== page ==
You can tell right away when you're watching a Quentin Tarantino film.
But it's not only the snappy dialog, homages to cult films, and QT cameos that give it away, it's also the unique look created by the director and his frequent collaborator, DP Robert Richardson. Matt Workman of Cinematography Database does an extensive breakdown of the cinematography of The Hateful Eight, explaining the techniques used to light scenes, capture shots, and pull off grades.
Video is no longer available: www.youtube.com/watch?v=2RP-3-_wo70
The Hateful Eight has been the topic of discussion before it was even released mainly because Tarantino and Richardson revived a film format that hadn't been utilized since 1966 by shooting the film with the Ultra Panavision 70mm film camera. So, right off the bat the filmmaking community had a special interest in its cinematography. And Workman does a fantastic job selecting interesting scenes and shots and breaking down the techniques he believes were used to accomplish them.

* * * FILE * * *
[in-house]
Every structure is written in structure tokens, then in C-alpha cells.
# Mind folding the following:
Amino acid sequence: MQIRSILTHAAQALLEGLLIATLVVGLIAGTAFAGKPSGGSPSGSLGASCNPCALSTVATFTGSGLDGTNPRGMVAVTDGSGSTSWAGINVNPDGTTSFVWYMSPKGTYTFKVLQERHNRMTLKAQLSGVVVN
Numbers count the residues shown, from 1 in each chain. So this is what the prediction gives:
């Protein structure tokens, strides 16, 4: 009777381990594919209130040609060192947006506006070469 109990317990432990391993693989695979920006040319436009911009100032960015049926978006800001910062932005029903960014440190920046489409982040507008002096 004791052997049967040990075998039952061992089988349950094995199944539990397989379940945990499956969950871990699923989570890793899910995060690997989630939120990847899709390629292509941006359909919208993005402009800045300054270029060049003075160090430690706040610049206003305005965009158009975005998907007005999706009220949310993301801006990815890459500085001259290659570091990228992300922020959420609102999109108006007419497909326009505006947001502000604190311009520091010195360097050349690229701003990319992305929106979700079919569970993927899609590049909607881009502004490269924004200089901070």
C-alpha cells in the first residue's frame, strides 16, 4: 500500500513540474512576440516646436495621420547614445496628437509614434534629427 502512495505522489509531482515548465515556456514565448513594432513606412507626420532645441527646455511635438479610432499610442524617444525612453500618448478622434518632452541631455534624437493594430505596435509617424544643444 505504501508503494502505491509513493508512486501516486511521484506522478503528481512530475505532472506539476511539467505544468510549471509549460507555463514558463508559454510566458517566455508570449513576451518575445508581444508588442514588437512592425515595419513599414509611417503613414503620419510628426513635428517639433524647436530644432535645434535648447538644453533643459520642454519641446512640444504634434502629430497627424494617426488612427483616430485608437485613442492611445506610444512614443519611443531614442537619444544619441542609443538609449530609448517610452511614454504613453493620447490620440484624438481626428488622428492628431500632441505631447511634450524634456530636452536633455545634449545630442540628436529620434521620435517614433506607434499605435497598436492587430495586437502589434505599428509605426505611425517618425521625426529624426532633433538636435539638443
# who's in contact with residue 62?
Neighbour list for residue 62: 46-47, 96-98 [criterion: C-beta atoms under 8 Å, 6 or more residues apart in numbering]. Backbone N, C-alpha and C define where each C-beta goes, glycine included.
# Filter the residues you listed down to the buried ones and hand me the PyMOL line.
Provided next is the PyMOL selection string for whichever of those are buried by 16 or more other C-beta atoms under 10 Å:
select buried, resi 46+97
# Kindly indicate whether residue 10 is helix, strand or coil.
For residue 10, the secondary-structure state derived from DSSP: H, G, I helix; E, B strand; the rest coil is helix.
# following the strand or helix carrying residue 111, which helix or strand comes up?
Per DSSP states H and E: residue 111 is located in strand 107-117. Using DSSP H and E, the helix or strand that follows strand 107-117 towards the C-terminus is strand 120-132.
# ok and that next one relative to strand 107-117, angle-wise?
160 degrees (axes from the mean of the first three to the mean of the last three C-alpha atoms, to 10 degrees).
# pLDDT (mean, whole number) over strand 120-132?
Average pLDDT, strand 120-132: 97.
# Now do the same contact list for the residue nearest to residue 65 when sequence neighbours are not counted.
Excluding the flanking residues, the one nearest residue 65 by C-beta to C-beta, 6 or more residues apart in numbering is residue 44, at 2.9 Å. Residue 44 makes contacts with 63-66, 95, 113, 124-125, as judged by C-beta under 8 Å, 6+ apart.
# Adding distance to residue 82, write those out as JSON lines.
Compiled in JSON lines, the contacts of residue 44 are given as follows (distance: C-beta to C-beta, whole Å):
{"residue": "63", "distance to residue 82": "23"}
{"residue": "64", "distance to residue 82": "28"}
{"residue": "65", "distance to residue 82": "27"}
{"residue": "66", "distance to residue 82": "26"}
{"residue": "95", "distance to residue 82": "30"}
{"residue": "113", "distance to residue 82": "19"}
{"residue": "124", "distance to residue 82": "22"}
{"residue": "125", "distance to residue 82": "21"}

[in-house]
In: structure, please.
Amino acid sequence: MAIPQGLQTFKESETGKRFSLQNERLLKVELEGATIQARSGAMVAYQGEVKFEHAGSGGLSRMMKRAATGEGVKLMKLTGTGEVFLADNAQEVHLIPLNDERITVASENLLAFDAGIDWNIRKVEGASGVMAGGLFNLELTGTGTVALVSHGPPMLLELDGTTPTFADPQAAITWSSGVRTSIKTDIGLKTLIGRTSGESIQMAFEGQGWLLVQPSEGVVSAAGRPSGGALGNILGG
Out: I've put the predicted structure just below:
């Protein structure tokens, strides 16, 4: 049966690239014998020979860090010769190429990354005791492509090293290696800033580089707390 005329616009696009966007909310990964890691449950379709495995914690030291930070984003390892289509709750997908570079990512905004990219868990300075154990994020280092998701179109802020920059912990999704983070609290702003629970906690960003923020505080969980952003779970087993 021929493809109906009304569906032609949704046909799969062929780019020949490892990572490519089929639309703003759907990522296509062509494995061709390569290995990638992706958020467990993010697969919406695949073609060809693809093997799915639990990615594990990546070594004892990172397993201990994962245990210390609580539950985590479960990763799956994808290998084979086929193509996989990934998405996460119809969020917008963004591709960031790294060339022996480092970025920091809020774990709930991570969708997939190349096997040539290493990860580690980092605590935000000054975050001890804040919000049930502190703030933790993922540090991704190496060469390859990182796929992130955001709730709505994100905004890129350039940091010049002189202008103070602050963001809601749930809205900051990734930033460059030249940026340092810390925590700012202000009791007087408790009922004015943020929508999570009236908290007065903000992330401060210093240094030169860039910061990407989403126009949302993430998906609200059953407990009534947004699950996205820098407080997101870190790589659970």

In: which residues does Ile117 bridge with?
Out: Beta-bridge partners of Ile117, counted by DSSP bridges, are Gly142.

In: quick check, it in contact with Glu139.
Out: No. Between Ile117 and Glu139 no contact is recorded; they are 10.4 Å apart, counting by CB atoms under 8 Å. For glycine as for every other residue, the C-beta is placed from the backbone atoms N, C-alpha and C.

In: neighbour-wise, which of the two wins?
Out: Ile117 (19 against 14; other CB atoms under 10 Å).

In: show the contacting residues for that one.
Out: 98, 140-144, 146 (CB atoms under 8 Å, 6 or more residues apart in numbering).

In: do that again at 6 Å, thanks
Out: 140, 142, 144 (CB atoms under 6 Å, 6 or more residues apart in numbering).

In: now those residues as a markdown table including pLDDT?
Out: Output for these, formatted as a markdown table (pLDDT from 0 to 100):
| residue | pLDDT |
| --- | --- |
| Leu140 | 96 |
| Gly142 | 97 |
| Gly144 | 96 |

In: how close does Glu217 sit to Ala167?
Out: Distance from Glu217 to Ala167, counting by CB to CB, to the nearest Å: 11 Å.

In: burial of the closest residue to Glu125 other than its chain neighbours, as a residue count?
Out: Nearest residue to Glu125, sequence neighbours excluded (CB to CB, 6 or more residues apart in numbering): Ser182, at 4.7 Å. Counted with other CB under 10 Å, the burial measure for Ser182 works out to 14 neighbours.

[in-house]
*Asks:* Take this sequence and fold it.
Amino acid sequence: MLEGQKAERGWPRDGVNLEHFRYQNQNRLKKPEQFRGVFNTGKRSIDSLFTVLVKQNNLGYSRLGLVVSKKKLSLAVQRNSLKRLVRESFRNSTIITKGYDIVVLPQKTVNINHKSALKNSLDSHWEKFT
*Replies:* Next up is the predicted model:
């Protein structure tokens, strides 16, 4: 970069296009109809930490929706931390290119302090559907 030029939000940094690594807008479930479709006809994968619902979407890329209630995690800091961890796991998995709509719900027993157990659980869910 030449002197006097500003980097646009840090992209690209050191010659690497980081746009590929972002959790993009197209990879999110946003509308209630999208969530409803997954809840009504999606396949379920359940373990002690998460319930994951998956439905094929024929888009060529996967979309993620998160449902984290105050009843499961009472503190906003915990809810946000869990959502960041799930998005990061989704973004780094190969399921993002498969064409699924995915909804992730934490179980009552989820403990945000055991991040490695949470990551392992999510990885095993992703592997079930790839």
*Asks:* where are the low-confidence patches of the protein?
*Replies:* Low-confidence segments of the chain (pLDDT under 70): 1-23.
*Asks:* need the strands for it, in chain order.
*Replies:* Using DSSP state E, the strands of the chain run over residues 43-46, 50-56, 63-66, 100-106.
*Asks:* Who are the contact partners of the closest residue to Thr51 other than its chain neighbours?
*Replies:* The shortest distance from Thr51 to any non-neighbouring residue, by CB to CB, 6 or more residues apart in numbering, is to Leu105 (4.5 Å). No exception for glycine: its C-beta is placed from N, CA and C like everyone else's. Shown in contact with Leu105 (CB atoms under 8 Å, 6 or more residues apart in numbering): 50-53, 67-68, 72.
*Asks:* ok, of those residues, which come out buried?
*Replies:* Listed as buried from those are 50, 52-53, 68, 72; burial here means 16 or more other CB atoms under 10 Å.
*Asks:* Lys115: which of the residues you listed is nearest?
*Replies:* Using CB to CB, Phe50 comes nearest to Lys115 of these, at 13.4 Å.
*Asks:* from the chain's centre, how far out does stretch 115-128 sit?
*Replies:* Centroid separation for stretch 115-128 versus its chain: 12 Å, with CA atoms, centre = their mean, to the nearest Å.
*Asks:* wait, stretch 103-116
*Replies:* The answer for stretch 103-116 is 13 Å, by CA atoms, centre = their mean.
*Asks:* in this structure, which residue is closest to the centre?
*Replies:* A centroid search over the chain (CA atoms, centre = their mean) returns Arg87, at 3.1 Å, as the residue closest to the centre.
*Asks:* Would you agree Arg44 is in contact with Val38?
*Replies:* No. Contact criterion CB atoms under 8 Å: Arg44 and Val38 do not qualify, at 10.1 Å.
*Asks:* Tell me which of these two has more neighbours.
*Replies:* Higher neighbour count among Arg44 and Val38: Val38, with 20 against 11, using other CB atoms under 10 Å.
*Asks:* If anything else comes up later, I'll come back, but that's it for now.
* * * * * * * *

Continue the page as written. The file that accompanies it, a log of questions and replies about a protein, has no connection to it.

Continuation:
I mean — the bit about Samuel L. Jackson's beard — amazing. According to Workman, Richardson uses the light coming off of Jackson's beard to light Kurt Russell's face. Samuel L's beard is essentially a bounce card! It's techniques like that that aren't necessarily learned from tutorials on the internet, but from really digging into the work of great cinematographers who continually invent new ways of capturing images (even though this effect is kind of a Roger Deakins thing).
Workman does a ton of these breakdowns on Cinematography Database, like the one he did for Justin Bieber's "What Do You Mean" music video, and I highly recommend checking them out. They offer rare insight into not only the specific cinematographic techniques used in films, but how to do them yourself.